Electric Vehicles and the current commodity cycle

Denis Buchanan, Emeritus Professor at Imperial College London, shares his insights into electric vehicles, his top commodities, and advice that he would give students looking to enter into the resources sector.

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Oct 17, 2019
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Dennis Buchanan is Emeritus Professor at Imperial College London. He has 39 years’ experience teaching mining geology, mineral exploration and mineral project appraisal and is responsible for the MSc in Metals and Energy Finance.

I caught up with him before his presentation at Mines and Money London.

Electric vehicles have been a key driver of this commodity cycle. What opportunities will this create?

Considered the down-stream developments in the materials science field where the electrochemical properties of both existing battery metals and other potential elements in the periodic table that could influence mineral and metal exploration investment strategy in the future.

Name the 3 commodities that you believe are currently undervalued or show the possibility for greatest upside?

EV Batteries are made up of Cell Housing, Module Periphery and Cathode requiring 29% aluminium. Cathode requires 3.1% Co and Anode requiring 9.2% Copper.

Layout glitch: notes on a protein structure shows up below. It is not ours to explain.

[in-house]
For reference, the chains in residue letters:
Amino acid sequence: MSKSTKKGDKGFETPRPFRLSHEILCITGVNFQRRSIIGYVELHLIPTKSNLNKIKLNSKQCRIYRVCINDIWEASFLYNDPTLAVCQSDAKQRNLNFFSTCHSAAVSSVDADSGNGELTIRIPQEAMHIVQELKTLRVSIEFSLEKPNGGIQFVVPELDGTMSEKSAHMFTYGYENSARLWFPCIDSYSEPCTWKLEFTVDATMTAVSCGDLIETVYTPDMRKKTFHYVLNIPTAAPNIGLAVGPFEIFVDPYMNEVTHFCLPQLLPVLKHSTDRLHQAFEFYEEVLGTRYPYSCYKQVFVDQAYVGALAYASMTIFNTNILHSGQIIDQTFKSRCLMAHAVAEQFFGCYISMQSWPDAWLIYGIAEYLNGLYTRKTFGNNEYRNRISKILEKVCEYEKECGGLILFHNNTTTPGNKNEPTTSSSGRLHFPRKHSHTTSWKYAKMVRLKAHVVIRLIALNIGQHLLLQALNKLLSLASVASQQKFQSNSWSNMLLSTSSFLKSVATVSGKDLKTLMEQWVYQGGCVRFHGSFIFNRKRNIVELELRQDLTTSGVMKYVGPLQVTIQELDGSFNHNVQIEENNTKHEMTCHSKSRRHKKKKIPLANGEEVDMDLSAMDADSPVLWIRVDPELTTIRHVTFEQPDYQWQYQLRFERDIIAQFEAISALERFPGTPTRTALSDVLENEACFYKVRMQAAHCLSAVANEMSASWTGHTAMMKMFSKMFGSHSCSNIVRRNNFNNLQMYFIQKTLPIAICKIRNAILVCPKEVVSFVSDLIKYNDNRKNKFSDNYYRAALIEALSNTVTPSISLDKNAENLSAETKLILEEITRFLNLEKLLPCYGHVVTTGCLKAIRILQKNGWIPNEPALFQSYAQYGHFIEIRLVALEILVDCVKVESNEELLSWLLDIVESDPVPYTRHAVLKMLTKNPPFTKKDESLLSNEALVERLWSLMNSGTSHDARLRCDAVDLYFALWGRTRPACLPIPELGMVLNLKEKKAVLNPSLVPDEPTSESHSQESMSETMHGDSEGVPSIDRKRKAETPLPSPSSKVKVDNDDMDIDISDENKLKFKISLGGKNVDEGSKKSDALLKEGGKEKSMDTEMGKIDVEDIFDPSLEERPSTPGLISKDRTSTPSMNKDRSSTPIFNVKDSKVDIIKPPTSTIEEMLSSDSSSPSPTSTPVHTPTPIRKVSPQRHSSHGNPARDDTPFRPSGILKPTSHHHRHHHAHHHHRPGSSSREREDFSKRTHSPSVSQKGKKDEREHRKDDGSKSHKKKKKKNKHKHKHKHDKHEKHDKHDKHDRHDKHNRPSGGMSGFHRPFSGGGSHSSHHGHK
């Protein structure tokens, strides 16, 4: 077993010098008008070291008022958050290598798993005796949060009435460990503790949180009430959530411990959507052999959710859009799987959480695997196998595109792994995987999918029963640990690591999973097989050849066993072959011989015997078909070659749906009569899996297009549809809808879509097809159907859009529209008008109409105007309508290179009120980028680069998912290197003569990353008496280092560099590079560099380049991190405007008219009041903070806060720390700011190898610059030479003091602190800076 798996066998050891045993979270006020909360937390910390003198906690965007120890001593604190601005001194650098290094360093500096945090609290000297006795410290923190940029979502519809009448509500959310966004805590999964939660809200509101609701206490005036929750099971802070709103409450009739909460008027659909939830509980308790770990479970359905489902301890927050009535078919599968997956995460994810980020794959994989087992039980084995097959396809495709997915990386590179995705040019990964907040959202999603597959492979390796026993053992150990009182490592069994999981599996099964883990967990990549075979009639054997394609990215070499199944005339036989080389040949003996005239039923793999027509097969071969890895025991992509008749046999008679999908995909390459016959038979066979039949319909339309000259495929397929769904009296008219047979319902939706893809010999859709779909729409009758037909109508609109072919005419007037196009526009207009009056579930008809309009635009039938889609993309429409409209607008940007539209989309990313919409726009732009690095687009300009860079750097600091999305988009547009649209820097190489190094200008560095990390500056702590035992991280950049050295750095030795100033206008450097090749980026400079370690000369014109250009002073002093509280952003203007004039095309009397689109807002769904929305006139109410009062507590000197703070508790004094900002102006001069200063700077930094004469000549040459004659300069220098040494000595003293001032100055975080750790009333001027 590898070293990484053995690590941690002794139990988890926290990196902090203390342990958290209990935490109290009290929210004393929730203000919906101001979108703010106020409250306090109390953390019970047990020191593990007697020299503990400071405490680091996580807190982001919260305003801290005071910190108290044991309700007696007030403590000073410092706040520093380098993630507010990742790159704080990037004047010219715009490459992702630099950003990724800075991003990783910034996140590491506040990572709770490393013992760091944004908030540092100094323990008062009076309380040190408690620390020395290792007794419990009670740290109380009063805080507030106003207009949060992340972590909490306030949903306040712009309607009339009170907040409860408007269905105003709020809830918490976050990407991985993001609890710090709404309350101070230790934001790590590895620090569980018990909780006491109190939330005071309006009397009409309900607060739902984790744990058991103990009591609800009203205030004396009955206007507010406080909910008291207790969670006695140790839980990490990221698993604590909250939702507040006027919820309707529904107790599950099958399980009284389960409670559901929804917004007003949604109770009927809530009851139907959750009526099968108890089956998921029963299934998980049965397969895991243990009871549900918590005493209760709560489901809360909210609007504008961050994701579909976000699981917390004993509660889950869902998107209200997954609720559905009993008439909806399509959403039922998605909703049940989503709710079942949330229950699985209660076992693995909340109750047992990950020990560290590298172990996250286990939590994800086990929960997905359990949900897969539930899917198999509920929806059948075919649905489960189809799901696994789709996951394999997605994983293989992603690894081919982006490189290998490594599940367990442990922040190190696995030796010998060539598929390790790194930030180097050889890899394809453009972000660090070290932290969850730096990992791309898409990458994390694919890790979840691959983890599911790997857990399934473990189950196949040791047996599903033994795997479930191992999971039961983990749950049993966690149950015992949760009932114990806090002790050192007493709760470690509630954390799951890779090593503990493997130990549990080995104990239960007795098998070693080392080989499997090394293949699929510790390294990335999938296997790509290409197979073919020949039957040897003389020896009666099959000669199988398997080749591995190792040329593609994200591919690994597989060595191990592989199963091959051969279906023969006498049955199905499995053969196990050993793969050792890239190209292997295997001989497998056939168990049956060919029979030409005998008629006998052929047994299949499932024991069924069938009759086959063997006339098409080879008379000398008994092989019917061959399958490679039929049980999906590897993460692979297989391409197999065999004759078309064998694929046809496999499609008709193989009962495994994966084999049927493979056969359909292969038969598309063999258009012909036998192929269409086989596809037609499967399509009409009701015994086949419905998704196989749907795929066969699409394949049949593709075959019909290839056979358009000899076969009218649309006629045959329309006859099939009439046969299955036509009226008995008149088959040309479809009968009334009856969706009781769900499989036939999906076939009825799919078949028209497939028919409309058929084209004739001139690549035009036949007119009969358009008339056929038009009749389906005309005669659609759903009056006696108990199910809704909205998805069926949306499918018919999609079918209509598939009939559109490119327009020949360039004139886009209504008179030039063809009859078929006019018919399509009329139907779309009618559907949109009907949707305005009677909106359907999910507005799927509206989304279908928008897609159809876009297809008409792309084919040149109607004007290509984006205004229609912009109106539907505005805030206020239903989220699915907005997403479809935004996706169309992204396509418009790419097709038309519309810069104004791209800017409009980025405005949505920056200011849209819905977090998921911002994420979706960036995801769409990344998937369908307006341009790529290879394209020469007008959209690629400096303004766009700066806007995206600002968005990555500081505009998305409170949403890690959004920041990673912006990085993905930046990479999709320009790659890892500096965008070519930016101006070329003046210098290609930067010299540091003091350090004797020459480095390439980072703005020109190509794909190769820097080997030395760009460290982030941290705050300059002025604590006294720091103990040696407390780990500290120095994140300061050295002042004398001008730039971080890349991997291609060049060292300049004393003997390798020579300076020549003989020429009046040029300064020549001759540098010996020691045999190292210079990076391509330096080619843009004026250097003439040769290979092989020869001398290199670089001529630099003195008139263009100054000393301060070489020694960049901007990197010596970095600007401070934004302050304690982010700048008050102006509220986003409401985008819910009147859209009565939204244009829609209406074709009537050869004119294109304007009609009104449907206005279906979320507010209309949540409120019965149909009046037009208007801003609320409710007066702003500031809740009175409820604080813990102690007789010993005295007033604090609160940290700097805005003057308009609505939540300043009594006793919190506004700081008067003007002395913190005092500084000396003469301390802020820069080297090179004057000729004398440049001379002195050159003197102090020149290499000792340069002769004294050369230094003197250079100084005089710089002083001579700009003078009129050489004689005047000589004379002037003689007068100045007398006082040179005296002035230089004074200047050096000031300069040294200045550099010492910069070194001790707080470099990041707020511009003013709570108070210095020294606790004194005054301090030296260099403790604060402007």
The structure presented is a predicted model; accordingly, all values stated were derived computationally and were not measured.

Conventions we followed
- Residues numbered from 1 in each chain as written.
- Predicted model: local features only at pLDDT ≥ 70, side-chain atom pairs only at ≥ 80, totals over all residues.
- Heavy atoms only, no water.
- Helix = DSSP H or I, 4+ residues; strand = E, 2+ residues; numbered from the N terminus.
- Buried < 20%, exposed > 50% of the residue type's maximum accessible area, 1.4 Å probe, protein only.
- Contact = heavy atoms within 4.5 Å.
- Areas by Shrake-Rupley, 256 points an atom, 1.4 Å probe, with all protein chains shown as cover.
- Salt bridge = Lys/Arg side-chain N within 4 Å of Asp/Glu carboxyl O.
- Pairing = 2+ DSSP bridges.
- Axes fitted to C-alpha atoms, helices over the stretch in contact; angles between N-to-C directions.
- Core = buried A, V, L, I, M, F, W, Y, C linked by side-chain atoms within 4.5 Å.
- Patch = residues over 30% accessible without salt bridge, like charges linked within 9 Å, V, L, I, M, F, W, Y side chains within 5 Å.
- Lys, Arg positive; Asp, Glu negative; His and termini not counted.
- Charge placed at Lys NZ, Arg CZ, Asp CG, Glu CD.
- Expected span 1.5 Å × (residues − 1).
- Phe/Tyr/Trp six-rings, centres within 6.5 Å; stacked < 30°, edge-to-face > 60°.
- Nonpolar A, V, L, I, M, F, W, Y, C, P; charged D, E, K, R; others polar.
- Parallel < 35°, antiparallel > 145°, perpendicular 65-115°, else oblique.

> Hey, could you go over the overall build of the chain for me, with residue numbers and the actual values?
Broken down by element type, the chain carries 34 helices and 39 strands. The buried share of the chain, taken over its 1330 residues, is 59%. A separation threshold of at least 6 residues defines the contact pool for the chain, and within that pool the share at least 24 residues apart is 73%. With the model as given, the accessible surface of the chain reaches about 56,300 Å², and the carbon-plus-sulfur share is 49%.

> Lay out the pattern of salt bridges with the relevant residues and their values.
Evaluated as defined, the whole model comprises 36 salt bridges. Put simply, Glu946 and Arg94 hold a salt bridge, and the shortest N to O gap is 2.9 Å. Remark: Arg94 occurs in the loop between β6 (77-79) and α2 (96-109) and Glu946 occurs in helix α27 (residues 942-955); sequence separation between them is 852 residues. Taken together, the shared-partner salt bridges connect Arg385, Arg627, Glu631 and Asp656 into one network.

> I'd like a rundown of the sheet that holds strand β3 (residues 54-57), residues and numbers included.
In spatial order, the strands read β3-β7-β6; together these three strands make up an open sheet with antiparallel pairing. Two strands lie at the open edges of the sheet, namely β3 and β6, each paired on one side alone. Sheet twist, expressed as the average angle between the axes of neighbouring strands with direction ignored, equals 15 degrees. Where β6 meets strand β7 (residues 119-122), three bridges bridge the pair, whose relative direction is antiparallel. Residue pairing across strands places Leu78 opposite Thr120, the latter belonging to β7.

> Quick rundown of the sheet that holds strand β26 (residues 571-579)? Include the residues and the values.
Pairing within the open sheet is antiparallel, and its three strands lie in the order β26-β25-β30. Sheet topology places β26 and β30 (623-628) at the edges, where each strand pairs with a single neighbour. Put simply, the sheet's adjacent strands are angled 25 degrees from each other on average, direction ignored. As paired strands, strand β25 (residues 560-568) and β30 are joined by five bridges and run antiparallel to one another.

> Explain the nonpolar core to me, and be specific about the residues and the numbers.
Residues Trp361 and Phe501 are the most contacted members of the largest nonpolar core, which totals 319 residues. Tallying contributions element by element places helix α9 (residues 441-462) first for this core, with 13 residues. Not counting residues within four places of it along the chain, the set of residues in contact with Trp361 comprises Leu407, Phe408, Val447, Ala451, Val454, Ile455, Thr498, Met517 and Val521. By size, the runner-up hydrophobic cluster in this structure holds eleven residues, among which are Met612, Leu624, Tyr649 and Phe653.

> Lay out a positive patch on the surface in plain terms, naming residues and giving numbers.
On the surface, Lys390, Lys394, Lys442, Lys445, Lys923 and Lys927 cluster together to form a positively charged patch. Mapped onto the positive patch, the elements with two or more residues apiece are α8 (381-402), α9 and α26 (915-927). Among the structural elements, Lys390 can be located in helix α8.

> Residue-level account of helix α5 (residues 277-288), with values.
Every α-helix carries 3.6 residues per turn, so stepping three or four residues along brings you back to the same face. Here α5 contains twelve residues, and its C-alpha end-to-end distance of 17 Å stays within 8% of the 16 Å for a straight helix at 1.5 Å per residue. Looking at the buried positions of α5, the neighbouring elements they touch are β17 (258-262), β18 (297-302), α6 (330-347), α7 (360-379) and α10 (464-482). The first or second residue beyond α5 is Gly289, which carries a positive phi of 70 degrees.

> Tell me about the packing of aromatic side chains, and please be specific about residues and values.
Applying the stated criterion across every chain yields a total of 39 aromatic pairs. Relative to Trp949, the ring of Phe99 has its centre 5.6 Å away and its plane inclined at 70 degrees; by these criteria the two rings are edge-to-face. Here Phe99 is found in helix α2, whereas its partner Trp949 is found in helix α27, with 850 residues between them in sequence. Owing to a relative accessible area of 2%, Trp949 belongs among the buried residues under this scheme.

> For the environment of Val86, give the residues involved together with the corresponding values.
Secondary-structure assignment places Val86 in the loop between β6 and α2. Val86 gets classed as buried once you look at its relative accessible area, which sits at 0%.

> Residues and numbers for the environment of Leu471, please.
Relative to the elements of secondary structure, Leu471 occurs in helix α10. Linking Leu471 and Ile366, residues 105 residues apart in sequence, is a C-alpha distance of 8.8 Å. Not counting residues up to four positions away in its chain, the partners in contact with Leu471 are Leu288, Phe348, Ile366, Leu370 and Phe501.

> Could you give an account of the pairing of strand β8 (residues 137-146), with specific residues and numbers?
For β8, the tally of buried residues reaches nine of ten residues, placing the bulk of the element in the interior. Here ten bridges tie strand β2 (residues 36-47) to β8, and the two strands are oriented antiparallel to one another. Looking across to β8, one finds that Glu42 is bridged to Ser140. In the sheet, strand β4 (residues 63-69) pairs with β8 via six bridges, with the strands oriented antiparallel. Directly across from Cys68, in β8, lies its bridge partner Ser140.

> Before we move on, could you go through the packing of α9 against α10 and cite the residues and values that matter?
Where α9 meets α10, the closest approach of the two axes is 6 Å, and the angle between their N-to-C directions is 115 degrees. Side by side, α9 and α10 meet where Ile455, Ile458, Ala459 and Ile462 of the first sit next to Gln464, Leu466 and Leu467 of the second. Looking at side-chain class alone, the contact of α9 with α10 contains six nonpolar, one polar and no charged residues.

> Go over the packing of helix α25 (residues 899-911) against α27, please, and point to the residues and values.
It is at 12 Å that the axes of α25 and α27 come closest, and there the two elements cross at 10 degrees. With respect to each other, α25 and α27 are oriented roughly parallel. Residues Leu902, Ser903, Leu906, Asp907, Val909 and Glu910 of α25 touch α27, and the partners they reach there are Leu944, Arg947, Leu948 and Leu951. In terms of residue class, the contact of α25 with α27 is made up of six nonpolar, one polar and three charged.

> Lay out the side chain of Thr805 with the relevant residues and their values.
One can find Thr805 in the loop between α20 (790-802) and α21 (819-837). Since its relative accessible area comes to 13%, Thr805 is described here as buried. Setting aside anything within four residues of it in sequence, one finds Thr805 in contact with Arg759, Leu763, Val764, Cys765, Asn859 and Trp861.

What is the book (or books) you’ve given most as a gift, and why? Or what are one to three books that have greatly influenced your life?

Given as a gift, Davis, Mark H.A. (2019) Mathematical Finance – A very Short Introduction. Oxford University Press.I  read it straight through in a couple of sessions.  Obviously this only allowed me to skim the surface but even on that level it works really well. It was also most entertaining – on several occasions I found myself chuckling at the turn of phrase such as the  reference to the “gory details” of the sub-prime mortgage market in Chapter 8 got me onto Amazon Prime and watching “The Big Short” again. 

What advice would you give to a smart, driven college student about to enter the “real world”? What advice should they ignore?

The natural resources investment community often make little distinction between mining and petroleum – both sectors are non-renewable commodity-based and are associated with products that have over the last few years demonstrated historically high levels of price volatility. There are of course similarities and differences and in reducing risk it is important to recognise the differences. Also recognise the link between inherent uncertainty associated with resource estimation for petroleum and minerals using a quantitative approach, and the manner in which these are integrated into the stochastic concepts inherent in  quantitative finance.

Ignore the advice that “Cash is King” or that “It will be alright on the day so crack on with the development of the project”.

What are bad recommendations you hear in your profession or area of expertise?

Take the first job offer you get even if you have yet to complete your degree.


Dennis Buchanan will be speaking at the upcoming Mines and Money London, taking place at the Business Design Centre, 25-27 November.
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Andrew Thake

Head of Content, Mines and Money

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